Can a Burglar Really Jam Your Wireless Security System?

Consumer Reports’ experts explain the tech and assess the risk

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An illustration of a burglar using a flashlight after having broken into a home through a window. Illustration: Getty Images

In spy movies, wireless-signal jamming is often depicted as a way to disable cell phones and other communications devices. In the real world, it can also be used to disable wireless home security systems.

To do this, a burglar blocks the signals from door/window or motion sensors to enter a home without triggering the alarm. This type of hack gained a lot of attention a few years ago when a YouTuber published a video demonstrating how easily he could jam a SimpliSafe wireless home security system.

“Because these systems rely on wireless signals, there’s always the possibility that they could be hacked,” says Justin Brookman, director of consumer privacy and technology policy for CR. And that’s true of any wireless device, from a smartphone to a security camera.

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But not all security systems are easy to jam. The success of these attacks depends on the system you own and careful planning on the part of a hacker or burglar, which is unlikely.

Consumer Reports’ Digital Lab recently tested 10 DIY home security systems for vulnerabilities. Those tests found that five systems are relatively easy to jam: the Abode Iota All-In-One Kit, Cove Home Security System, Eufy 5-Piece Home Alarm Kit, Ring Alarm Security Kit (2nd gen.), and the same SimpliSafe The Essentials SS3-01 system from that YouTube video.

For detailed information on these test results, see our article on five DIY home security systems that are vulnerable to hacking.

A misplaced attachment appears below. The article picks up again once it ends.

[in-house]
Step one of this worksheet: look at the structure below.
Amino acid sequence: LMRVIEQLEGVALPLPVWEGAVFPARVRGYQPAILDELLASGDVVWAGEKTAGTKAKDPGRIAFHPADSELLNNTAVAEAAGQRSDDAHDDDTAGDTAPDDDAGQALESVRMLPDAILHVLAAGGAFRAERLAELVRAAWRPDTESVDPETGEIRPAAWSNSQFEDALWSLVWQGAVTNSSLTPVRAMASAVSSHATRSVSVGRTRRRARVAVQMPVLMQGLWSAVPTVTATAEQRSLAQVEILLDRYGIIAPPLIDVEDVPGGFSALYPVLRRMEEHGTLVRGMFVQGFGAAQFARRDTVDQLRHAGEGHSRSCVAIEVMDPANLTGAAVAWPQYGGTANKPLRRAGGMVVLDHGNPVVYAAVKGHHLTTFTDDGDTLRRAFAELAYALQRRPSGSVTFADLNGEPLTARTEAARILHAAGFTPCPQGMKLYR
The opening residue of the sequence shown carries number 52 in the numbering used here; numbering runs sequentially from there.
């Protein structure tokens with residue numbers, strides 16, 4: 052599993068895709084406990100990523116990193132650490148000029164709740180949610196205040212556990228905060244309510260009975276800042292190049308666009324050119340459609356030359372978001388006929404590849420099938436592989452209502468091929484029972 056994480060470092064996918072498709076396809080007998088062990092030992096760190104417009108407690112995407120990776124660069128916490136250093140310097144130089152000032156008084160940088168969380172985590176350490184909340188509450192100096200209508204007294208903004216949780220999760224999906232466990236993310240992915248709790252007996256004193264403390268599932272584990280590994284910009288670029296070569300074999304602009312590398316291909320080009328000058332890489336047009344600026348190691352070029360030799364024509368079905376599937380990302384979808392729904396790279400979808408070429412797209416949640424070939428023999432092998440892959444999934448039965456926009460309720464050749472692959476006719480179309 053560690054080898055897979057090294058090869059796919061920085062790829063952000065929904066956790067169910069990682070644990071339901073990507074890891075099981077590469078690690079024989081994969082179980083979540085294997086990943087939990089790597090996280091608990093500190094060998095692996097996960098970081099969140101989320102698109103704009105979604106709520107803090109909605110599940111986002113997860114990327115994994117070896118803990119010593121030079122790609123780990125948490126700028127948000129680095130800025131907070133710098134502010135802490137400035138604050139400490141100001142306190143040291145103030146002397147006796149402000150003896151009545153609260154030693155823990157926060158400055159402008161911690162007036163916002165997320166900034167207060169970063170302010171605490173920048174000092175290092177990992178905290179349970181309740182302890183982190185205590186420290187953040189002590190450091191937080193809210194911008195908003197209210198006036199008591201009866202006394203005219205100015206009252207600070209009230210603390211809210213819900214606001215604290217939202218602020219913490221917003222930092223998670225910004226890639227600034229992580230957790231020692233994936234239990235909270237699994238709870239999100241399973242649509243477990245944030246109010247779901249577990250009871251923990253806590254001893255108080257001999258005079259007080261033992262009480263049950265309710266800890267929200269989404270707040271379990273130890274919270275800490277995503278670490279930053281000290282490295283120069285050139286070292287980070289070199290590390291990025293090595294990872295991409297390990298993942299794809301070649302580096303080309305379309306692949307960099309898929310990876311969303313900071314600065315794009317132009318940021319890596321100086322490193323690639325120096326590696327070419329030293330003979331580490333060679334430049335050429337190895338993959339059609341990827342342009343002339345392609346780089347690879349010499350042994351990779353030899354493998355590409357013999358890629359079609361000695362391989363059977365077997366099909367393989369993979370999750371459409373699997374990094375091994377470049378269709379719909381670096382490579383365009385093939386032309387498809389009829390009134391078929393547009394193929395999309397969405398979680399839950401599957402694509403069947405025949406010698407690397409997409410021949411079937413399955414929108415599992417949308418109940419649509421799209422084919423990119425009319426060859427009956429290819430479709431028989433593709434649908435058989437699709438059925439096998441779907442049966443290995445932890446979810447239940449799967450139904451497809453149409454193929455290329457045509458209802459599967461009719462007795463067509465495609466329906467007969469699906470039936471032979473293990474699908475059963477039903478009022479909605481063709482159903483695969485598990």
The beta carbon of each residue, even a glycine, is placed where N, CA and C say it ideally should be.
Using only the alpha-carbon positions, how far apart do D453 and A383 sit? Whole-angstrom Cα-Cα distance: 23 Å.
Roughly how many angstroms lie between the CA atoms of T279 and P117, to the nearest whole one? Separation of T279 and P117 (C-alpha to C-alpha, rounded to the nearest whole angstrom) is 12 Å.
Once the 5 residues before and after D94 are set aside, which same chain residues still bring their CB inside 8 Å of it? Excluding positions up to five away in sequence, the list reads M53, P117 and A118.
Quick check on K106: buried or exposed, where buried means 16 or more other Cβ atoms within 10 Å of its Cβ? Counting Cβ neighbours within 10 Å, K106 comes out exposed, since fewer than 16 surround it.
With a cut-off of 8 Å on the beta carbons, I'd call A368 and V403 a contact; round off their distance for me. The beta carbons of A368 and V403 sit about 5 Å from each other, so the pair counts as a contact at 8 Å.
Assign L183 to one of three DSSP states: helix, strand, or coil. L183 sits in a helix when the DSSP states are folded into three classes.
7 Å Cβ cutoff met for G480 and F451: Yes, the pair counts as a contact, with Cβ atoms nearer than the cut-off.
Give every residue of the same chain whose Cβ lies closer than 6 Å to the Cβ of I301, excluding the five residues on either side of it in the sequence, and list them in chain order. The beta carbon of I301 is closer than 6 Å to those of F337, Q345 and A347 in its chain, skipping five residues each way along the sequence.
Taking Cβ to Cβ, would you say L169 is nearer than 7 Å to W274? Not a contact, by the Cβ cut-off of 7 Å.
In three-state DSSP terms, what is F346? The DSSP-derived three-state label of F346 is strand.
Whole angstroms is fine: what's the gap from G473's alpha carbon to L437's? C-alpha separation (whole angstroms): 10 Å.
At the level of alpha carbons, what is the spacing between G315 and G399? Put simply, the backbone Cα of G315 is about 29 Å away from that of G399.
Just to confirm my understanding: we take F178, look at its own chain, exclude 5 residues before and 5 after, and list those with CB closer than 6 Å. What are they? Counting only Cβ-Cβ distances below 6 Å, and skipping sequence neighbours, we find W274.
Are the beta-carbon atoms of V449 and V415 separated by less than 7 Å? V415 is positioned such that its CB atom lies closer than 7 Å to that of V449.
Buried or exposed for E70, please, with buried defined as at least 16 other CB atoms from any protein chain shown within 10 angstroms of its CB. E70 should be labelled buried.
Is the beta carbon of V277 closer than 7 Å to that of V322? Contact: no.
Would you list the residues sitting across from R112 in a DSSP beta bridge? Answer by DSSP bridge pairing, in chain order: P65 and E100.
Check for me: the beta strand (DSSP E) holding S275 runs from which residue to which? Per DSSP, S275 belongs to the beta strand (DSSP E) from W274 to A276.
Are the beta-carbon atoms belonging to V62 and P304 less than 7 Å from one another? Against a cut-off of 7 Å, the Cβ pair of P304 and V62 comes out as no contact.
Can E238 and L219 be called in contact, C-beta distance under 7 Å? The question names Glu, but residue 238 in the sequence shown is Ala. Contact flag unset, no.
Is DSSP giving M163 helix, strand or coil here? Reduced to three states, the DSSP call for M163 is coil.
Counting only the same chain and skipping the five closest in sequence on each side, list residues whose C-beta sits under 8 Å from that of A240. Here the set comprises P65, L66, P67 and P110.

Experts Weigh In

If our findings alarm you, don’t start running around your home collecting sensors to throw in the trash. “Jamming attacks are technically possible, but they’re very unlikely to happen in real life,” says Fred Garcia, a CR test engineer for privacy and security. “We don’t recommend you throw out these systems, but you should be aware that they’re vulnerable.”

There’s no real way to avoid systems with wireless technology. According to Kirk MacDowell, president of the home security consulting firm MacGuard Security Advisors, most home security systems today—both professionally installed and do-it-yourself—make use of wireless devices. They’re easier and faster to install, don’t require drilling holes to run wiring, and are so small that they can be hidden in window and door frames.

He says that the industry is making changes to prevent this kind of attack, though.

“The alarm industry has responded with 128-bit encrypted sensors with frequency hopping, making jamming less of an issue,” MacDowell says. “And most professional alarm dealers are using this technology.” Frequency hopping is just what it sounds like—a sensor changes the frequency it uses to broadcast its signal, hopping from one to the next in an effort to avoid potential interference.

And our tests prove that it’s possible to design a system to be more resistant to jamming. Our test engineers were unable to jam five systems made by Blue by ADT, Ecobee, Honeywell Home, Kangaroo, and Ooma.

The Reality of Home Burglaries

As concerning as jamming might seem, most burglars won’t use this method to break into your home. The majority are decidedly low-tech.

“Most burglars will simply gain entry by a door or window and not try to electronically circumvent the alarm system,” says MacDowell. In fact, the most common method of entry in a burglary is forcible entry, such as kicking in a door, a method used in 55.7 percent of burglaries in 2019, according to the FBI.

If you’re still concerned, though, there’s a simple step you can take to protect your system and your home: Don’t use your system’s branded yard signs and window decals.

“You should use a generic, unbranded security system sign,” says Bernie Deitrick, CR’s test engineer for home security systems. “That way you can still deter a potential burglar without revealing which system you use.” This will also help if you live in a town or city that requires you to display a sign that an alarm is present on your property.

Jamming-Resistant Security Systems From CR’s Tests

Home Content Creator Daniel Wroclawski

Daniel Wroclawski

I'm obsessed with smart home tech and channel my obsession into new stories for Consumer Reports. When I'm not writing about products, I spend time either outside hiking and skiing or up in the air in small airplanes. For my latest obsessions, follow me on Facebook and Twitter (@danwroc).